Why You Should Use Blended Learning in Your Math Classroom

Let’s take a look at three math instruction “truths”:
  • Math concepts typically have a somewhat linear development cycle; new concepts often build, upon previous ones. 

  • To gain mastery, math skills require a two-fold “how to” method of learning that involves both practice and understanding.

  • Most importantly, individual students often learn scaffolding skills and develop mastery at a very different pace and style.

The above three generalities can be very daunting for math educators of all expertise and experience, especially in a classroom of 25-30 students. Simply put, the traditional lecture structure
 makes addressing one of the bullet points often feel a bit like “robbing Peter to pay Paul,” meaning that focusing on one point may neglect the other two.


However, the individualized and differentiated opportunities found in an effective blend of online and offline instruction methods provides educators with the ability to meet the needs of each and every student. In other words, it’s possible to have enough to pay Paul and Peter, with enough left over to pay Mary too!


Three Value Points of Blended Learning

Blended learning provides educators the ability to simultaneously:

  • Address all student learning needs and goals, including enrichment and reinforcement

  • Increase engagement and self-driven learning

  • Scaffold basic skills and promote higher-order thinking

Let’s take a deeper look at how these three advantages can be achieved in the 21st century blended learning classroom!

1) Addresses enrichment and reinforcement

Curriculum often features a linear progression of skills and concepts, so if a student fails to master a fundamental skill early on, they will most likely struggle with subsequent skills. Additionally, if the teacher attempts to backtrack in order to help any struggling students, other students have a propensity to become disengaged with stuff they “already get.”

Blended learning strategies and models have proven quite adept overcoming this challenge. 

Via the advantages provided by online learning tools and an optimization of teacher instruction time, gaps in background knowledge can be identified quickly via formative/continuous assessment means while the individual curriculum is instantaneously modified to fit each student’s learning needs. Lessons and concepts can be reordered based on the need, preference, and pace of the student, whether the goal is reinforcement or enrichment. This becomes especially valuable in an Response to Intervention (RTI) setting.

2) Fosters self-driven math learners

Blended learning is not only beneficial for excelling and struggling students. By taking advantage of customizable curriculum and the heightened engagement provided by a mix of online and offline learning resources, teachers can create a student learning experience that is both enriching and self-driven.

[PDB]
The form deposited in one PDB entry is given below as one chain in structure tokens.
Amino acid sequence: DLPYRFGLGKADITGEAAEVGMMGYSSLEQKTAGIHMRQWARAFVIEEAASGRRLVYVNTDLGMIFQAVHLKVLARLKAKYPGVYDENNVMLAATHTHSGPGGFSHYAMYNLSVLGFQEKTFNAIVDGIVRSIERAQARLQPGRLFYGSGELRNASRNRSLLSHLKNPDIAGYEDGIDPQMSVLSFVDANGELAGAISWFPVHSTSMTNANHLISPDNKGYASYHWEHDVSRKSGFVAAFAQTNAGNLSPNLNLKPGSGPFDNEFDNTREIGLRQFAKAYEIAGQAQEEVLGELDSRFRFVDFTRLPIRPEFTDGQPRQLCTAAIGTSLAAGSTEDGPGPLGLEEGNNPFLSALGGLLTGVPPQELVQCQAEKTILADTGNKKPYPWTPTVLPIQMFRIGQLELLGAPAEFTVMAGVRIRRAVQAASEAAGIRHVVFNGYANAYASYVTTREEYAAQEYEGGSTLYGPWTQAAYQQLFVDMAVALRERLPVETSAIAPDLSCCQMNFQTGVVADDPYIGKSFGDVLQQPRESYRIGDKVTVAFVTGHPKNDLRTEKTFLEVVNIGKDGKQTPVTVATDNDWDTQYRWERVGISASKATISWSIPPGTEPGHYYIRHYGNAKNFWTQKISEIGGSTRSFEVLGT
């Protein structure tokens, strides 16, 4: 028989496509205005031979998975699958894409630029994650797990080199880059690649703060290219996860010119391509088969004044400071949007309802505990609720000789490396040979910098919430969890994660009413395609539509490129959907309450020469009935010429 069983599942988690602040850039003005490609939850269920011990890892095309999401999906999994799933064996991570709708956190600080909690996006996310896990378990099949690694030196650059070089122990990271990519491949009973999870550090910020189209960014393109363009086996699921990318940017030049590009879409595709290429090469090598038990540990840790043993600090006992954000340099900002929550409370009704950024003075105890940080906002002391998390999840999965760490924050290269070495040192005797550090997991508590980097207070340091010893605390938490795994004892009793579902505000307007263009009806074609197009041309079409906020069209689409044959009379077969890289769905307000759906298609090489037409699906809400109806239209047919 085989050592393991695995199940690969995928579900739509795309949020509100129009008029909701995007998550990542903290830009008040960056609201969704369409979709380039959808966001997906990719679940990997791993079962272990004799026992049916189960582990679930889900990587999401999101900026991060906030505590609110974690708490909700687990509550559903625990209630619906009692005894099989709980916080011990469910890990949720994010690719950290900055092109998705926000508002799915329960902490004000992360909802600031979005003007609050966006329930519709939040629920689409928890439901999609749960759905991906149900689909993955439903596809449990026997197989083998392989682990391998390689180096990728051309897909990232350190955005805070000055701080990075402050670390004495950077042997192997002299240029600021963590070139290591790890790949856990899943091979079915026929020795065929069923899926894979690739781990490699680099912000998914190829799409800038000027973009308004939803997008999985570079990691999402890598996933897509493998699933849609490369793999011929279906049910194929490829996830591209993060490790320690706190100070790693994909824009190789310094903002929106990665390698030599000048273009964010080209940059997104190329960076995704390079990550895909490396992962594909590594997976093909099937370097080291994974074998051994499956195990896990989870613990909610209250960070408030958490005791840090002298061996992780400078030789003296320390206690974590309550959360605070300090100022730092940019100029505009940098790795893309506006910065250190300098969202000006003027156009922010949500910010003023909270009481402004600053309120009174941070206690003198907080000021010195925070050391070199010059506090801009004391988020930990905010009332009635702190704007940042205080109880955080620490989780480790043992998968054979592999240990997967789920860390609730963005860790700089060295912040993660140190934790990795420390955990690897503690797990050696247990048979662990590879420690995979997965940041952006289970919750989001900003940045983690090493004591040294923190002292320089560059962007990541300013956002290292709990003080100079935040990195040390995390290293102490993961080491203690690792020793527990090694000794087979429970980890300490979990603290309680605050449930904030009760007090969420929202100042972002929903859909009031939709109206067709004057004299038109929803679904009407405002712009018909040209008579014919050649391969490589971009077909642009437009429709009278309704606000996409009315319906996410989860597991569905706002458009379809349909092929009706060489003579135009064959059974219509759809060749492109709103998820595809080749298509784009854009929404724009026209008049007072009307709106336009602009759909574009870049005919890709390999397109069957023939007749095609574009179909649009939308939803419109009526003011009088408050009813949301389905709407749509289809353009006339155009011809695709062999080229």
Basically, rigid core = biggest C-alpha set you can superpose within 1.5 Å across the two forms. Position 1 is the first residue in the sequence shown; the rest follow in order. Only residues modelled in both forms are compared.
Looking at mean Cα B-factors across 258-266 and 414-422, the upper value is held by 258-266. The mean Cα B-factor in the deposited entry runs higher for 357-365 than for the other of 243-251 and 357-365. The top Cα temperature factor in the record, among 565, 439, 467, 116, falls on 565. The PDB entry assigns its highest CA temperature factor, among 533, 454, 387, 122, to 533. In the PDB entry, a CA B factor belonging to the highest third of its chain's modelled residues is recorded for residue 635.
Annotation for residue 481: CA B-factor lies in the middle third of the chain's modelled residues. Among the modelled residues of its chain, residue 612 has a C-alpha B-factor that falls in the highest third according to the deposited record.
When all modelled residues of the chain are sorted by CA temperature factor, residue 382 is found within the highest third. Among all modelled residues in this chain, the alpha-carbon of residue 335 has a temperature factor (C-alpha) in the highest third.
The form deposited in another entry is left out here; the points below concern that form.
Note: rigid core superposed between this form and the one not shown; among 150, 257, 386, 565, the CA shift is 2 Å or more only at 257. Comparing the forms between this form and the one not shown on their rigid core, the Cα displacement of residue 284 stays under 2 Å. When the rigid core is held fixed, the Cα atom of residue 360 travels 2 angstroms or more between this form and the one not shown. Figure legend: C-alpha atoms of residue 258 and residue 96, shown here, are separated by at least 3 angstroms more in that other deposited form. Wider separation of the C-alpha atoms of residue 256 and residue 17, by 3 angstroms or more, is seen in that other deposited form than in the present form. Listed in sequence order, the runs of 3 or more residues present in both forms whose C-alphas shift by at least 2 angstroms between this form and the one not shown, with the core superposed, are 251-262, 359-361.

The combination of engaging interactive learning content and valuable offline learning experiences, including feedback from peers and the teacher, helps students drive their learning in ways never possible before.

3) Creates valuable one-on-one instruction opportunities

The self-driven nature of an effective blended learning model frees up teachers to move from a lecture-based instruction method that may only target auditory learners to instruction methods based around peer groups and individual exploration. This can include project-based learning, problem-based learning, real-world application, and much more. 

Whether your model is rotation-based, a flipped classroom, or something else, effective blended learning helps educators minimize the setup work related to drafting worksheets, grading homework, and reinforcing already-taught topics because much of that early work is taken care of by reliable and customizable online resources.

By using the self-driven aspects of online resources, educators are afforded more time for valuable one-on-one instruction opportunities in which he/she can help students develop the higher-order skills required to put those basic skills and concepts into action (i.e. the good stuff)!

More Blended Learning Resources from Wowzers

These value points are not the only advantages of blended learning in the classroom! We’d love to hear how you use blended learning strategies and methods to enhance your instruction and curriculum. 

  • Shoot us your ideas, stories, questions, and comments at via our Facebook page or tweet us at @Wowzers!


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